In some movies, though, the captured present is also a reconstructed past. Consider the image of the street crowded with pushcarts, horses and clotheslines crowded amid the cranes and lighting rigs. It’s from the set of the 1920s period piece “The Night They Raided Minsky’s,” reportedly the first musical to be filmed entirely in New York. When the movie was released in 1968, Renata Adler, then the Times’s chief film critic praised “its denseness and care in detail.” “The Lower East Side looks real,” she noted.
Looking at the photograph, we’re simultaneously in the ’60s and the ’20s, two distinctive moments in the modern metropolitan. A picture taken during the making of “Hair” produces a similar double image, looping the Age of Aquarius into the era — a scant decade later — of fiscal crisis and civic unraveling.
The city’s “now” is always right on the verge of turning into a “then.” The bubble that Natalie Wood is blowing on the set of “Penelope,” an all-but-forgotten mid-60s bored-housewife caper, is a symbol of this transience, which photography at once confirms and contradicts. We can see the bubble is about to pop, but it never does. And Wood remains forever stylish and insouciant in the courtyard of the Museum of Modern Art.
“The Night They Raided Minsky’s,” by the way, was directed by William Friedkin, much better remembered today for “The French Connection,” one of the defining New York movies of the ’70s, both timeless and entirely of its time, its grainy collage of battered locations growing more poetic each time you see it. There’s also one of the great car chases in all of cinema, with Gene Hackman’s Popeye Doyle speeding under the elevated subway tracks of Bensonhurst in pursuit of a suspect riding the train.
Popeye is a familiar New York movie archetype — the gruff, dogged, cynical NYPD gumshoe, cousin to Frank Sinatra’s Joe Leland in “The Detective” (a nasty piece of ’60s pseudo-noir) and Walter Matthau’s Zachary Garber in “The Taking of Pelham One Two Three.” That is maybe the great New York public transportation movie — a picture so nice they made it twice, with Denzel Washington and John Travolta in the 2009 version updating roles created by Matthau and Robert Shaw.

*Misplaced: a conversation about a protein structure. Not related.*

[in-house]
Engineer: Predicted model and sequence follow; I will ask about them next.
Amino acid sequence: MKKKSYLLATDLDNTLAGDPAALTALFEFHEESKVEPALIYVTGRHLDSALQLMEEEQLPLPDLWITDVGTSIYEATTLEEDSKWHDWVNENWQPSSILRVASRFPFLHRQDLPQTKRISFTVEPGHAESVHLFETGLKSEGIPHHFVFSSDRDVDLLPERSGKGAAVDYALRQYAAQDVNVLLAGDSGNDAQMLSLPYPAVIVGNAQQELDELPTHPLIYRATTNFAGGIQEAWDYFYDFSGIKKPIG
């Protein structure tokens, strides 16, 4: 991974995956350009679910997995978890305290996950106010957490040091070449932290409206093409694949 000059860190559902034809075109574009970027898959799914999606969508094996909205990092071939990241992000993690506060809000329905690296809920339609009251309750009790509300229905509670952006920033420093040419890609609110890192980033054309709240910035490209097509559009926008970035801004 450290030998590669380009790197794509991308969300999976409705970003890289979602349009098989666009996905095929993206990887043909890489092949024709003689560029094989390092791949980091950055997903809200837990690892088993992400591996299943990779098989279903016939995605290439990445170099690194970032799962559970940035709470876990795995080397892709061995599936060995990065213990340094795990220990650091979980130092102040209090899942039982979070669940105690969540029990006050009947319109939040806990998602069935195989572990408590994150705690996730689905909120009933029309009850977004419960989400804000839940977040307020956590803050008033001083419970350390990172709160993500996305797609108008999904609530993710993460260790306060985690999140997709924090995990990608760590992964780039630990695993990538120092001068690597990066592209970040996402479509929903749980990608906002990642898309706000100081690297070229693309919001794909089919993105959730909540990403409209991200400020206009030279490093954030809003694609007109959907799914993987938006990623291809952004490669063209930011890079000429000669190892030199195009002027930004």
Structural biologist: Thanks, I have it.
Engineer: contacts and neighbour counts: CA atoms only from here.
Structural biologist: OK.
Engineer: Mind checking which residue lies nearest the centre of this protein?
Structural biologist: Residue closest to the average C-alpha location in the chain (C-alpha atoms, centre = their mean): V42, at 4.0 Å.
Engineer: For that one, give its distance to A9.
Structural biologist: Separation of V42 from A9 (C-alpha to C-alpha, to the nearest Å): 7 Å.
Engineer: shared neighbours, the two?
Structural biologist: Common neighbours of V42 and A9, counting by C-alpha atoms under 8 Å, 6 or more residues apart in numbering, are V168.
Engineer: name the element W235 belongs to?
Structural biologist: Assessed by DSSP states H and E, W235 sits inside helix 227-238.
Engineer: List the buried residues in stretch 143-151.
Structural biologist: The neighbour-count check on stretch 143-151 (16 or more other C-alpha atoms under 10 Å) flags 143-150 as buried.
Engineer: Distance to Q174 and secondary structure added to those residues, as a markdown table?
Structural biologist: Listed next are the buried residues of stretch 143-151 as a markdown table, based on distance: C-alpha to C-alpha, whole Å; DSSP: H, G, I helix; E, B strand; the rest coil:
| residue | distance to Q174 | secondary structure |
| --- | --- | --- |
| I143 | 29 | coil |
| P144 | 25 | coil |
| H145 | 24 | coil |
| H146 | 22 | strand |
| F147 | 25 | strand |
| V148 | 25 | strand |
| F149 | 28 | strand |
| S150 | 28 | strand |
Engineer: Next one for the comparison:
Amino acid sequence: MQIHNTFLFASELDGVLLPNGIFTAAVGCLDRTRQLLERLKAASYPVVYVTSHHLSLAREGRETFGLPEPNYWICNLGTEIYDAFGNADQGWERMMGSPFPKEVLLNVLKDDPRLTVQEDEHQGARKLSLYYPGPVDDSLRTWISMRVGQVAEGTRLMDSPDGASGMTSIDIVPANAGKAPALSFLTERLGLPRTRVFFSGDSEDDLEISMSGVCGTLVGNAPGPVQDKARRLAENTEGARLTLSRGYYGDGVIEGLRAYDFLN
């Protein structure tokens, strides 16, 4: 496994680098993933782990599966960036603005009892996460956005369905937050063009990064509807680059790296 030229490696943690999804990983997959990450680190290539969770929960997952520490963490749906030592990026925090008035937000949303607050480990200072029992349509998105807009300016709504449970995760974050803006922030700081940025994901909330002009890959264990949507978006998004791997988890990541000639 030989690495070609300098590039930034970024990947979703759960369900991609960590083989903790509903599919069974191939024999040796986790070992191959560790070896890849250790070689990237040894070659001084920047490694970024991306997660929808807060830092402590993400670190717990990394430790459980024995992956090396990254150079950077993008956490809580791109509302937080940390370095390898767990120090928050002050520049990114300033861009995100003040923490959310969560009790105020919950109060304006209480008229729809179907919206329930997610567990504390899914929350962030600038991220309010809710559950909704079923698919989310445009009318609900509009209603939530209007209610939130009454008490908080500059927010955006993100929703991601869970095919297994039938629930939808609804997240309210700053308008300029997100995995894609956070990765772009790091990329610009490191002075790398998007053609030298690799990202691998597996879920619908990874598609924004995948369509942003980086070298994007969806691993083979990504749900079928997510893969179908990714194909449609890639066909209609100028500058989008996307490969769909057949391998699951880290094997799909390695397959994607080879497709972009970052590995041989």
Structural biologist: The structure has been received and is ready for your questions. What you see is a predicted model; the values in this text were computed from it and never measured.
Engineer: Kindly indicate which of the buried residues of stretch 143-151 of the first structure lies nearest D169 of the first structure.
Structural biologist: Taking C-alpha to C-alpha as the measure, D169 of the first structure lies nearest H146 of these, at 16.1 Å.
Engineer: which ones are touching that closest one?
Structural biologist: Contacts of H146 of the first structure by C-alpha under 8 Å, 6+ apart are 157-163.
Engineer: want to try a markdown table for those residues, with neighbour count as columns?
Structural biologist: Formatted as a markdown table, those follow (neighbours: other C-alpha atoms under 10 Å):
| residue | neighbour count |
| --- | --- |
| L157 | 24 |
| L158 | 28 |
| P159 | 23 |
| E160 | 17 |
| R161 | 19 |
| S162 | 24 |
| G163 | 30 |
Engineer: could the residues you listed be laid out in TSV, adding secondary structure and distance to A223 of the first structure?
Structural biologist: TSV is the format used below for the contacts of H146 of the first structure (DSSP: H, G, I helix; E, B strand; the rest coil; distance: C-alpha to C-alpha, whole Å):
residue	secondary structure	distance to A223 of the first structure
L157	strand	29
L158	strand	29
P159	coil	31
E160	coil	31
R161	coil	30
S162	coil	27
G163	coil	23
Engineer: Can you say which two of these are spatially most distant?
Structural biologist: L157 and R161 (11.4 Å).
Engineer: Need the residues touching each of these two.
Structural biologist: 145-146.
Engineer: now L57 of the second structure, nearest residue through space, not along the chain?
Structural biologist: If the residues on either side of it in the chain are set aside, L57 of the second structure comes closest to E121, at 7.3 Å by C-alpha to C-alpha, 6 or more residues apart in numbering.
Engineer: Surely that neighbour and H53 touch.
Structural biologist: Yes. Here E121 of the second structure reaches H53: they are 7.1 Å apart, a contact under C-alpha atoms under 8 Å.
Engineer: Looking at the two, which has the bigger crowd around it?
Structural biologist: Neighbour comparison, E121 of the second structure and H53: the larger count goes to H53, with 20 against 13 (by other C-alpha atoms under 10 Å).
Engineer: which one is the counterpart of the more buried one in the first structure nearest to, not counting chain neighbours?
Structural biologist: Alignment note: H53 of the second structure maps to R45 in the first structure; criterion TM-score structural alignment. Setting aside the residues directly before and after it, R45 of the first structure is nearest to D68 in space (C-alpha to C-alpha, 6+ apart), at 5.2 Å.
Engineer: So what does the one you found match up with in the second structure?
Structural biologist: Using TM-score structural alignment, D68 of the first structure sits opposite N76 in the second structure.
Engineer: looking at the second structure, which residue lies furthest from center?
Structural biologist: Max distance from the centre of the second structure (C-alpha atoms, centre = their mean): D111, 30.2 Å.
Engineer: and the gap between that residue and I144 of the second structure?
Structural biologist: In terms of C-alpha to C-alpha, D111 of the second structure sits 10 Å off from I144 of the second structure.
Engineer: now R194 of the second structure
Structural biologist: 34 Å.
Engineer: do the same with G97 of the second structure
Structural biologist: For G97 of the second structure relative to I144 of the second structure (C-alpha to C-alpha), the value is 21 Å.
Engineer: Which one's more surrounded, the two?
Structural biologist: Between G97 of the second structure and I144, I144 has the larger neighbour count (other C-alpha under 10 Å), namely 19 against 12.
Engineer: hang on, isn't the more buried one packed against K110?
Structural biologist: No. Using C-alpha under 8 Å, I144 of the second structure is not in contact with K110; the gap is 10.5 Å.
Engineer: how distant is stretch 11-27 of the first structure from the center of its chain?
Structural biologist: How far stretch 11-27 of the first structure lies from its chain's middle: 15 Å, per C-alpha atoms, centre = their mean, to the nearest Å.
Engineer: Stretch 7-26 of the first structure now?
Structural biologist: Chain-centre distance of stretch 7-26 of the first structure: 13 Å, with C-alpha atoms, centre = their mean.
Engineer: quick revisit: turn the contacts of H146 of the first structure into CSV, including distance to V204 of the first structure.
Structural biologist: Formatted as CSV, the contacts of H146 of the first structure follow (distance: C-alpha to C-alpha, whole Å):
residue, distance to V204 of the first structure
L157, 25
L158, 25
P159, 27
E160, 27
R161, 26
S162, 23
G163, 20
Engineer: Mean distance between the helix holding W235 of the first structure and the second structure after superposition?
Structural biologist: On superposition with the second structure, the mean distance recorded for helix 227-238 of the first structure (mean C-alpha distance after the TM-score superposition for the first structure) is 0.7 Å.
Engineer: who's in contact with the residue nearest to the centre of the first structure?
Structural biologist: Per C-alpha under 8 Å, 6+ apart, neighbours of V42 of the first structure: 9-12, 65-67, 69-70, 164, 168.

In 1974, when the original opened in theaters, the Times’s Nora Sayre declared, “It’s been a while since we’ve had a movie that really captures the mood of New York and New Yorkers.” “Pelham” did so then, and it does so still. It’s not just about an elaborate, possibly far-fetched scheme to hijack a train full of passengers and extort a huge ransom from the city; it’s also about the interplay of crime, bureaucracy and infrastructure, and about a system and a city organized around work.
These pictures reveal and celebrate the labor involved in the production of illusions that make their way back into reality. The movie camera arranges real, physical elements — buildings, faces, sidewalks, signs — into a fantasy. The still camera finds the seam between that fantasy and the world as it is and then unravels it. But also, what could be more ordinary? Movie stars are always movie stars, whether they’re blocking a scene, taking direction, getting their makeup done or enjoying a regal or raffish smoke between takes. Their glamour is intrinsic, ineffable. You know it when you encounter it, even as you go about your regular business and even when you can’t quite describe what you’ve seen.
That goes for cities too.
A.O. Scott is the co-chief film critic. He joined The Times in 2000 and has written for the Book Review and The New York Times Magazine. He is also the author of “Better Living Through Criticism.” @aoscott